We all know it when we see it. But if we were asked to break it down into its components, we might struggle a bit. What are we talking about? Compelling product or service descriptions.
So, how do you put together descriptions that sell? Read on.
Know Who You’re Selling To
You’ve been given this advice before, and you’ll be offered it again.
It doesn’t matter whether you’re starting a podcast or developing a new product. The better you understand your audience, the more likely you are to write a compelling product description that appeals to them.
Get inside the head of the buyer. What makes him tick? What makes him laugh? Further, and most importantly, what problem is he trying to solve?
Don’t just make stuff up. Talk to your leads and customers and get a feel for who they are and why they would buy from you.
Determine What Your Product’s Features & Benefits Are
Get it all down in writing.
And, keep in mind your customers don’t care about the features as much as the benefits. So, emphasize the benefits upfront.
If you write down all your service’s features and benefits before creating a full description, you’ll be less prone to selling your customers on the features later. This is key.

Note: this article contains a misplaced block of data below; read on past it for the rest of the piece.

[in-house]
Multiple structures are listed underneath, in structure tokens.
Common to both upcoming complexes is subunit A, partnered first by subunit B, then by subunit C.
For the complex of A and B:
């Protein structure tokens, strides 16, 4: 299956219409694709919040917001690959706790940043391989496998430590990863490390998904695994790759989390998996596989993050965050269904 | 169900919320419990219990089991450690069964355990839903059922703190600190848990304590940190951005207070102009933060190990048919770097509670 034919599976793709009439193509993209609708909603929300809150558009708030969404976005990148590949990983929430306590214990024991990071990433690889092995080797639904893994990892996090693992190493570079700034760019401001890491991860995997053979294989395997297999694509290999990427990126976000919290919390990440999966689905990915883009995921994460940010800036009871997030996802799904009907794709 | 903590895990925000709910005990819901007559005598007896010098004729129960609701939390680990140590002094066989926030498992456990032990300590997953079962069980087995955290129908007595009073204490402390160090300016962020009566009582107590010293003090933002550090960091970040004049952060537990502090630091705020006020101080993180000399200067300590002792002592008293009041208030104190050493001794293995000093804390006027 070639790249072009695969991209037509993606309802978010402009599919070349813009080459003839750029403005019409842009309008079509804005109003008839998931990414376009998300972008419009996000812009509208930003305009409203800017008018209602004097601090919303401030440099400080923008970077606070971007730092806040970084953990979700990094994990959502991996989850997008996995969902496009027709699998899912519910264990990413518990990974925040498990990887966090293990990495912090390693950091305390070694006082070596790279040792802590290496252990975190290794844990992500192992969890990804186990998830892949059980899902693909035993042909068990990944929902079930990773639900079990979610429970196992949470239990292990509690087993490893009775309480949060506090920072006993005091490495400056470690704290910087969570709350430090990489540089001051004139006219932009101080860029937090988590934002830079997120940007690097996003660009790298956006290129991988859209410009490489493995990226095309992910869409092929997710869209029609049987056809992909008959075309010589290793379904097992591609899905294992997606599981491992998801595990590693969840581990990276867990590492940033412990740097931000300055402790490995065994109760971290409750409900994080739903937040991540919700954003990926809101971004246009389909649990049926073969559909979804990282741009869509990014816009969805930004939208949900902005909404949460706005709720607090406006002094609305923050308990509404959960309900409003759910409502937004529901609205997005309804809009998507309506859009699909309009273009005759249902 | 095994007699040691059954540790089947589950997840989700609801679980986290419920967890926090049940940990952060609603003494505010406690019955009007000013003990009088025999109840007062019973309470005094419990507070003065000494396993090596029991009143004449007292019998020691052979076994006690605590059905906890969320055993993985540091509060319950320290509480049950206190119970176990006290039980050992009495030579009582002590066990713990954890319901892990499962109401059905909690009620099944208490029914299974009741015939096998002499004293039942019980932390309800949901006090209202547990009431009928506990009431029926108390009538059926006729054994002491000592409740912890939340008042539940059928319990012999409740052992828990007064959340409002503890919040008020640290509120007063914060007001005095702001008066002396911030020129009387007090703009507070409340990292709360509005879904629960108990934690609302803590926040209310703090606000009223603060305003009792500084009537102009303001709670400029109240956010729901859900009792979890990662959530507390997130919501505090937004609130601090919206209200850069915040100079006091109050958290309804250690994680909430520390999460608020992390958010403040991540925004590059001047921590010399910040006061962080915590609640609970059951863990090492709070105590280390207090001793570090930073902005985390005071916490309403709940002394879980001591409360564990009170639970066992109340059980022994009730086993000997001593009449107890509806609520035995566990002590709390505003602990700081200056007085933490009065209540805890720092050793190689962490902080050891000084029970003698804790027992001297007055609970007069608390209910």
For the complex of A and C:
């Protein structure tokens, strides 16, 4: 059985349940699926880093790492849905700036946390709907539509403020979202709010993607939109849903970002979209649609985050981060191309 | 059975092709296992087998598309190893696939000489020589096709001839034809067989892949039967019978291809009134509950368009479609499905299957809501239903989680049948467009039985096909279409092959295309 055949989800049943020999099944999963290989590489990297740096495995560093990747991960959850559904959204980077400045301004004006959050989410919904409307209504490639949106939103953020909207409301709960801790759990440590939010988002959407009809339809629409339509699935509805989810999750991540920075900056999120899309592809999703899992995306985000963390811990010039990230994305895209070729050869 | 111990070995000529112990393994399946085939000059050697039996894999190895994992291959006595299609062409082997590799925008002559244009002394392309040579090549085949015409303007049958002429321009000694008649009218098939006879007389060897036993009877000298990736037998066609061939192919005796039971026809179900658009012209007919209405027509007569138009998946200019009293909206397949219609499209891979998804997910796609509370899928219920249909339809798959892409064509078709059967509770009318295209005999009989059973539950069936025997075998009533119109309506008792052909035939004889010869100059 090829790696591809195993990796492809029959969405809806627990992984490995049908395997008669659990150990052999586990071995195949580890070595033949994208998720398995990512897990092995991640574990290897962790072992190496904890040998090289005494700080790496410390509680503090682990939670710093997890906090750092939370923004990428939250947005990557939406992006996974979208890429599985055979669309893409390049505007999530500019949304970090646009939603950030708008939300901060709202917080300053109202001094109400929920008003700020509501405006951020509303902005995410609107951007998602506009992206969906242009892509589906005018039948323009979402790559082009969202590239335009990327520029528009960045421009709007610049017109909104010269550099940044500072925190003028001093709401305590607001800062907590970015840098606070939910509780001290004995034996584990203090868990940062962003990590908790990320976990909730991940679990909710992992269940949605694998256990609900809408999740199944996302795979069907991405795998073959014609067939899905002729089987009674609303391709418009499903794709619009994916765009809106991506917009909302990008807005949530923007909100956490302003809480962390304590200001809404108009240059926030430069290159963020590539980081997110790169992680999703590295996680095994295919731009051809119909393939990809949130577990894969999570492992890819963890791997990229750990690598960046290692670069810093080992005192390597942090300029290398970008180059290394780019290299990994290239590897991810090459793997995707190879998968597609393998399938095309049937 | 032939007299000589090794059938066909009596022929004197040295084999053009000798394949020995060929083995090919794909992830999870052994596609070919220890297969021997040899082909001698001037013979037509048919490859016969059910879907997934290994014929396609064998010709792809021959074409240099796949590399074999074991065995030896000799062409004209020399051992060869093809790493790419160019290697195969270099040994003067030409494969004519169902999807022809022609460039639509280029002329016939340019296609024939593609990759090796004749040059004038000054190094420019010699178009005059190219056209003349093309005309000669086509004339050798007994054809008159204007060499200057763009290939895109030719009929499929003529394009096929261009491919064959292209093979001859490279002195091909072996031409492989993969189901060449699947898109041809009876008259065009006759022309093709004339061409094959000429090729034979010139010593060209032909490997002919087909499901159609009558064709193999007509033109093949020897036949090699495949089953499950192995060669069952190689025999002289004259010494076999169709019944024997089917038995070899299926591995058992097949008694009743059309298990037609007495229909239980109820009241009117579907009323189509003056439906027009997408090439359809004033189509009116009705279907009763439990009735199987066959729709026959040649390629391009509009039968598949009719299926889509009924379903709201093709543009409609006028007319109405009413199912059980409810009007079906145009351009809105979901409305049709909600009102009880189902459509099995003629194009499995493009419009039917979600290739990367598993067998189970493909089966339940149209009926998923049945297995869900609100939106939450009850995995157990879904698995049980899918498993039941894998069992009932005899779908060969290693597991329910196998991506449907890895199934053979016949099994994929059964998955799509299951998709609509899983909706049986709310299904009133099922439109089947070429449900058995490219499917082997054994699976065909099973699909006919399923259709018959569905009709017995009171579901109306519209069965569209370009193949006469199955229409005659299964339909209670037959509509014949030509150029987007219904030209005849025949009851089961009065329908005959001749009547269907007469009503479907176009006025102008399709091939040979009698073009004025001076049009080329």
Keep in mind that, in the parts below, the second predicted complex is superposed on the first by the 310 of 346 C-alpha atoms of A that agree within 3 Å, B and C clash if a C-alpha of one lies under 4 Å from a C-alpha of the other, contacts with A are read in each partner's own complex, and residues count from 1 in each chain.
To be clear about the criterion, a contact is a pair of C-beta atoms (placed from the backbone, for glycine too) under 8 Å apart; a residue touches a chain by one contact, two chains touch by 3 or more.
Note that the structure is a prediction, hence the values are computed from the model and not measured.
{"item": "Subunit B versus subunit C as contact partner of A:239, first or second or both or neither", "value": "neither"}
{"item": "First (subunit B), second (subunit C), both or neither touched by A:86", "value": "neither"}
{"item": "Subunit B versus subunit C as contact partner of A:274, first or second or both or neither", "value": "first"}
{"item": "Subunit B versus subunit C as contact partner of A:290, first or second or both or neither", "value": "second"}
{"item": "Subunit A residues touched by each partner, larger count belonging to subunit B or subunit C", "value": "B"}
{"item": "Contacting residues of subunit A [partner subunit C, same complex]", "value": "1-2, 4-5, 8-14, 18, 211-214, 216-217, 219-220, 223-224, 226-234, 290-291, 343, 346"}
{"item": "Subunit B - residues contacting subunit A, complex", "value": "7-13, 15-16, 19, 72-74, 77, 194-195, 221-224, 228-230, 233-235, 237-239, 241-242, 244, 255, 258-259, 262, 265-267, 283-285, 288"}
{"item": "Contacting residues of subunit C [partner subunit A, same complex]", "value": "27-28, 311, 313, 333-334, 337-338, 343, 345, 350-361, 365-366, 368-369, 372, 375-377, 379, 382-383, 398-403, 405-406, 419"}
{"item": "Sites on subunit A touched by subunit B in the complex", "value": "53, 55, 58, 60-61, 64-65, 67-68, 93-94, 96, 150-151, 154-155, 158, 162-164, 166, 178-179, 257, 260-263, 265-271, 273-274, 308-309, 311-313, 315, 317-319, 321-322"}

Make the Description Engaging
“Engaging” can mean different things to different customers. This isn’t to say you can’t be a little playful in a serious industry or a little serious in a more fun industry. If it helps you stand out, it’s worth a try.
But in either case, you should focus on making the description enjoyable to read. What can you do to keep the prospect reading? Why are they going to buy?
Edit to remove any unnecessary language. This isn’t to suggest you can’t create a long sales letter. These can still work. But you should always go through the process of revising your copy until it’s free of words that need not be there.
This also means making your content scannable. Use subheadings and bullets. Add photos and videos. Use large, easy-to-read text. Use whitespace effectively and avoid walls of text.
Optimize for Humans
You’re not selling to a search engine. You’re selling to human beings.
This isn’t to suggest you shouldn’t use relevant keywords in your descriptions. Quite the opposite. Your description should contain plenty of relevant terms your customers are likely to be searching for.
But a lot of marketers get the two mixed up. This can result in copy that’s filled with jargon your target customers don’t understand or typically use.
Since your copy is going to be read by your prospects, don’t force keywords into it. Ensure your descriptions make sense to your leads. But do include relevant terms where applicable.
Writing a Compelling Product or Service Descriptions
There’s a good chance your first draft will be anything but perfect.
You’ll want to:
- Remove excessive language.
- Avoid leaps in logic.
- Break it up into scannable sections.
- Add multimedia to boost engagement.
- Ensure your copy is consumer-focused.
Having done this, you can also gather customer feedback. Ask them to visit your landing page and offer tips. You can also incentivize them to take this action.